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Organic Metals

Superconductivity and Superfluidity
Superconducting Quantum Circuits and Nanomechanics
Magnetism and Spintronics
Organic Metals

SFB 631
TRR 80
SPP 1458
SPP 1538
SPP 1601

single crystals (jpeg, 20k)From the everyday experience one normally identifies organic materials as perfect insulators. However, in the last 30 years chemists managed to synthesize a number of crystalline organic compounds which exhibit metallic and even superconducting properties.

A common feature of these organic (or synthetic) metals is a huge electronic anisotropy originating from their anisotropic crystal structures. Ratios between electrical conductivities in different directions reach values of up to 1 million! Therefore, they are often considered as quasi-two-dimensional or quasi-one-dimensional conductors. The figure shows single crystals of the organic superconductor κ-(ET)2Cu[N(CN)2]Br growing in an electro-chemical cell (left) and a fragment of the crystal structure (right).

Another remarkable feature characteristic of many organic metals is strong electron-electron and electron-phonon interactions. This renders the normal metallic state unstable against numerous spin and charge ordering phenomena, causing very rich phase diagrams.

phase diagram 1 (jpeg, 20k)
phase diagram 2 (jpeg, 14k)
Examples of phase diagrams of organic conductors: κ-(ET)2Cu[N(CN)2]Cl and α-(ET)2KHg(SCN)4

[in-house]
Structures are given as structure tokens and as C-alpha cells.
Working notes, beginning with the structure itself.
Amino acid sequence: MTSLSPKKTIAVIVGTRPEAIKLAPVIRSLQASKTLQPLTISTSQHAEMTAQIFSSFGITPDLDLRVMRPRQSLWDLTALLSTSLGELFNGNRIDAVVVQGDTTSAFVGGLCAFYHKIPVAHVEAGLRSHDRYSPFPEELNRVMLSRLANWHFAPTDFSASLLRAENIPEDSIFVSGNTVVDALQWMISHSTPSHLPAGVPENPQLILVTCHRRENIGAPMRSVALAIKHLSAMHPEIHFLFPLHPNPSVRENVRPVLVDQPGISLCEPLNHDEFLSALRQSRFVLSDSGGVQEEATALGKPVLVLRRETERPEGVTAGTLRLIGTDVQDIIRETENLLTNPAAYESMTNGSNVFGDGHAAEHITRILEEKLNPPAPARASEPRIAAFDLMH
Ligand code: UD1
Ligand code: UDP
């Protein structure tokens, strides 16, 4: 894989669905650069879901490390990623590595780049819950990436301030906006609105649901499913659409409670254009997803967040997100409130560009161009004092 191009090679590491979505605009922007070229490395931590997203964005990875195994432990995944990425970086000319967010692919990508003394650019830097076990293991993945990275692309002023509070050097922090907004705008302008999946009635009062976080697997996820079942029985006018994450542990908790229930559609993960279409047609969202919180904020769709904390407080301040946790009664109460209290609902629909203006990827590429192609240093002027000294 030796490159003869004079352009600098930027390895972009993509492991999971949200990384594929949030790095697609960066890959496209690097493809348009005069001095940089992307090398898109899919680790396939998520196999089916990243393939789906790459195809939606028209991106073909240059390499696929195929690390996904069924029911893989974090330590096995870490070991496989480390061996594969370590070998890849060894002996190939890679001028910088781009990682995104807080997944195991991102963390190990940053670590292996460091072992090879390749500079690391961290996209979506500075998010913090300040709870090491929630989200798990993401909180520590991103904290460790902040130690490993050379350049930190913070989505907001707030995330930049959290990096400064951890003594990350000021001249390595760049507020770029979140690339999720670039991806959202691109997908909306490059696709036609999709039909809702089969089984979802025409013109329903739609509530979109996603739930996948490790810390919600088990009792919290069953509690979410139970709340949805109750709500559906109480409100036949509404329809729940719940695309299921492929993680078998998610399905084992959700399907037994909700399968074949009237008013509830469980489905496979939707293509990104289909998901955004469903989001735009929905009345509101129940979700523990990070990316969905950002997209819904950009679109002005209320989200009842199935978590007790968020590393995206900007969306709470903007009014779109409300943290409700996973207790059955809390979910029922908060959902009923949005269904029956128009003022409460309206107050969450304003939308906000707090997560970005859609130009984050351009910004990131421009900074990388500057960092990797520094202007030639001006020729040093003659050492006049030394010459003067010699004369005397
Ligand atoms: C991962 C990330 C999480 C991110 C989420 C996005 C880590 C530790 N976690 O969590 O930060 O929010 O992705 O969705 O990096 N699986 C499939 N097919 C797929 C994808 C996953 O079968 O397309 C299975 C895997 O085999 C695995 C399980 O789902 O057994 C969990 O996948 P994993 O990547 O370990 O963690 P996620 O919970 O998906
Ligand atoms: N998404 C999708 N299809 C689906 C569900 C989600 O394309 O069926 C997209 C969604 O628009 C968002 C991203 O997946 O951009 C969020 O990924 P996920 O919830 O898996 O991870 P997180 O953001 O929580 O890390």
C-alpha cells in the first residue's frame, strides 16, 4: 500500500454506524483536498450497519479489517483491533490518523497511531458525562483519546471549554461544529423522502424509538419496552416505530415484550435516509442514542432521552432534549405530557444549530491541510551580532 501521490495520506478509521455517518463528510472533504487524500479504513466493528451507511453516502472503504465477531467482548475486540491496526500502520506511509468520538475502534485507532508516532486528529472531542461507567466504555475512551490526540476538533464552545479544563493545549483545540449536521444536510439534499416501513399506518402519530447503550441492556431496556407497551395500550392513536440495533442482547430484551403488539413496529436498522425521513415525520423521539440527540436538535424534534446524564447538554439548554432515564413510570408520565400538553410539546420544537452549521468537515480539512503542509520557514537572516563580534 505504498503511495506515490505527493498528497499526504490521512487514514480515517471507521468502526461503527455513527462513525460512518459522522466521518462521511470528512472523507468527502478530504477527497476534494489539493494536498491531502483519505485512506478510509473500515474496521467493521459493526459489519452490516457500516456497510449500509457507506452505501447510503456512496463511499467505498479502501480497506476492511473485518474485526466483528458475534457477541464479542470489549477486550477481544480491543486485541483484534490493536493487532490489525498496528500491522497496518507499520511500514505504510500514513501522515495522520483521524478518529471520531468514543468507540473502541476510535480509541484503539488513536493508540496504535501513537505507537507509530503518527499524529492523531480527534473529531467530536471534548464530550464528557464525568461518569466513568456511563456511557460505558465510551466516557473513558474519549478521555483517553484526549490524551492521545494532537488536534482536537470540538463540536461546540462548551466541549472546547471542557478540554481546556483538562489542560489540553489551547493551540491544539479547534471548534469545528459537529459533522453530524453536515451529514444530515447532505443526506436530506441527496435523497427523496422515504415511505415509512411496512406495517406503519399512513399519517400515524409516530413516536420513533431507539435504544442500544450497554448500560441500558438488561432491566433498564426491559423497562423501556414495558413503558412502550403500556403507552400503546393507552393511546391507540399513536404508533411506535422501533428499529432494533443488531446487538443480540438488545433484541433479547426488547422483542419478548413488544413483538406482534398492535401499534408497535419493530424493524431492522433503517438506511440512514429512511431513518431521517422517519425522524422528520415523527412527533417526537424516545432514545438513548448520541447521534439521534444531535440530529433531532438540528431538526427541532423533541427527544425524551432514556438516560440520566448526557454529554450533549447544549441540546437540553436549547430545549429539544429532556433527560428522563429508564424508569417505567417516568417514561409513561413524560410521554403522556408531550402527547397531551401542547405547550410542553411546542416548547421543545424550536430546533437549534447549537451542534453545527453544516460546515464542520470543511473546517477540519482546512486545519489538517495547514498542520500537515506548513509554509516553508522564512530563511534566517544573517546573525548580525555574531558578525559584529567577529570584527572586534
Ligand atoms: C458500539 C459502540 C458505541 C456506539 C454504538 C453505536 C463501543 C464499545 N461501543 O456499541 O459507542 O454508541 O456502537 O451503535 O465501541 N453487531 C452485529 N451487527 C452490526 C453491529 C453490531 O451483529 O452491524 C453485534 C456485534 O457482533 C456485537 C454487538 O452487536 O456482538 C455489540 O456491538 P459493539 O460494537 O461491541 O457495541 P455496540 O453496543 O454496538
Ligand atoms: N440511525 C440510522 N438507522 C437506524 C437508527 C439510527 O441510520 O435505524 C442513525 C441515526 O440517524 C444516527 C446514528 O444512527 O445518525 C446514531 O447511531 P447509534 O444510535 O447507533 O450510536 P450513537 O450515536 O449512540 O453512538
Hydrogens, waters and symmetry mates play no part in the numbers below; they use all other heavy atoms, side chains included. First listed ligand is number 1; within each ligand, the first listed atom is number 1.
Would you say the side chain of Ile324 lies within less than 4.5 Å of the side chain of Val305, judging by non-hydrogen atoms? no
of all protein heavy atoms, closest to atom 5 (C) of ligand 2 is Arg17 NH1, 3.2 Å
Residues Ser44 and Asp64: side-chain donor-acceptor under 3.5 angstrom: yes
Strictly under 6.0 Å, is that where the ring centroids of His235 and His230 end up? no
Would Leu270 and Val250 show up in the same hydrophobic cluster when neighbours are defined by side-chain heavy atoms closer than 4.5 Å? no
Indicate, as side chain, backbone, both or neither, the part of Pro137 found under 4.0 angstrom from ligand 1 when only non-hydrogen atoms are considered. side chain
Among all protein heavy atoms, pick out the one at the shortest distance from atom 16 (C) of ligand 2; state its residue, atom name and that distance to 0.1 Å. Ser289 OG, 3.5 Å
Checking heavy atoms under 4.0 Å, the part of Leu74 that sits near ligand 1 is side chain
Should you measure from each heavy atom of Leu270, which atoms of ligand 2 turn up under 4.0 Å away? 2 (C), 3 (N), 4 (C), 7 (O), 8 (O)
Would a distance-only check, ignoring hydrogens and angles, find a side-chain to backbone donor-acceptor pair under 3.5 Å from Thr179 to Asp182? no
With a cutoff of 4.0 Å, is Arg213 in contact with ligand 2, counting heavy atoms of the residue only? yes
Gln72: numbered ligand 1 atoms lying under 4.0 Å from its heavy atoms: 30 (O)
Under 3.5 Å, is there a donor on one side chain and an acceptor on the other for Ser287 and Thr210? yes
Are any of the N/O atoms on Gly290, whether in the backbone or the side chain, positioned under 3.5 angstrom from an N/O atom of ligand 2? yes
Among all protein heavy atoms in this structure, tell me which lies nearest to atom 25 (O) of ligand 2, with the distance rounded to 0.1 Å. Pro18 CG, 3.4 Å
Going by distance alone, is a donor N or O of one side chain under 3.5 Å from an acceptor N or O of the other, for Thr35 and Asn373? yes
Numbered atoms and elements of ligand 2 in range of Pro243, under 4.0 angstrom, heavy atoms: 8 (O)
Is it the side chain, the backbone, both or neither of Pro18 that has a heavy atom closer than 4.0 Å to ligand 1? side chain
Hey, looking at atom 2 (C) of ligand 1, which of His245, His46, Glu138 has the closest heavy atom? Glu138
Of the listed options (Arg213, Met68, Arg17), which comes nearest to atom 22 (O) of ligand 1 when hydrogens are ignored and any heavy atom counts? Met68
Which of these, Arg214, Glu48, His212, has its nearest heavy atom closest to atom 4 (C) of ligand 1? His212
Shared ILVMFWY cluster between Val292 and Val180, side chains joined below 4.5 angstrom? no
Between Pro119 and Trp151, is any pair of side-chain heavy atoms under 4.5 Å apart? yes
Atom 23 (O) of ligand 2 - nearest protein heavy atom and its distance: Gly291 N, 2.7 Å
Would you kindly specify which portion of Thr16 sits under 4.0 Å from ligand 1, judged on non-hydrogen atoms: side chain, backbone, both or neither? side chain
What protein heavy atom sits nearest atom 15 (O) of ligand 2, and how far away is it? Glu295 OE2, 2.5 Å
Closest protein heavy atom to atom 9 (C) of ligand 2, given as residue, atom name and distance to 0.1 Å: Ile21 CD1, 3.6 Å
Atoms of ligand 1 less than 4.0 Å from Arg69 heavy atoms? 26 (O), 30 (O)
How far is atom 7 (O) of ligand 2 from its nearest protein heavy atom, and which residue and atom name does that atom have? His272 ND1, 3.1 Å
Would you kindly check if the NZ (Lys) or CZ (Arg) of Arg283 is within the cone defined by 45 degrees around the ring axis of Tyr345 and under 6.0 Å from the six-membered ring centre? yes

magnetotransport oscillations (jpeg, 34k)The research at the Walther-Meissner-Institut is aimed to reveal the nature of different electronic states in organic metals and mechanisms responsible for them. We study conducting and magnetic properties of these materials, applying high pressures, strong magnetic fields, and low temperatures to drive a material through various states of the phase diagram.

An important issue for understanding the nature of different electronic instabilities is a detailed characterisation of the conducting system in the metallic state. At the Walther-Meissner-Institut, properties of charge carriers are studied using high magnetic fields. Besides conventional high-field effects, like de Haas–van Alphen or Shubnikov–de Haas oscillations, a number of new magnetotransport phenomena have been discovered in organic metals, providing quantitative information on the Fermi surface, effective masses, scattering processes, and other important electronic parameters. The figure gives an overview over various kinds of magnetotransport oscillations and the derived Fermi surface cross section of α-(ET)2KHg(SCN)4.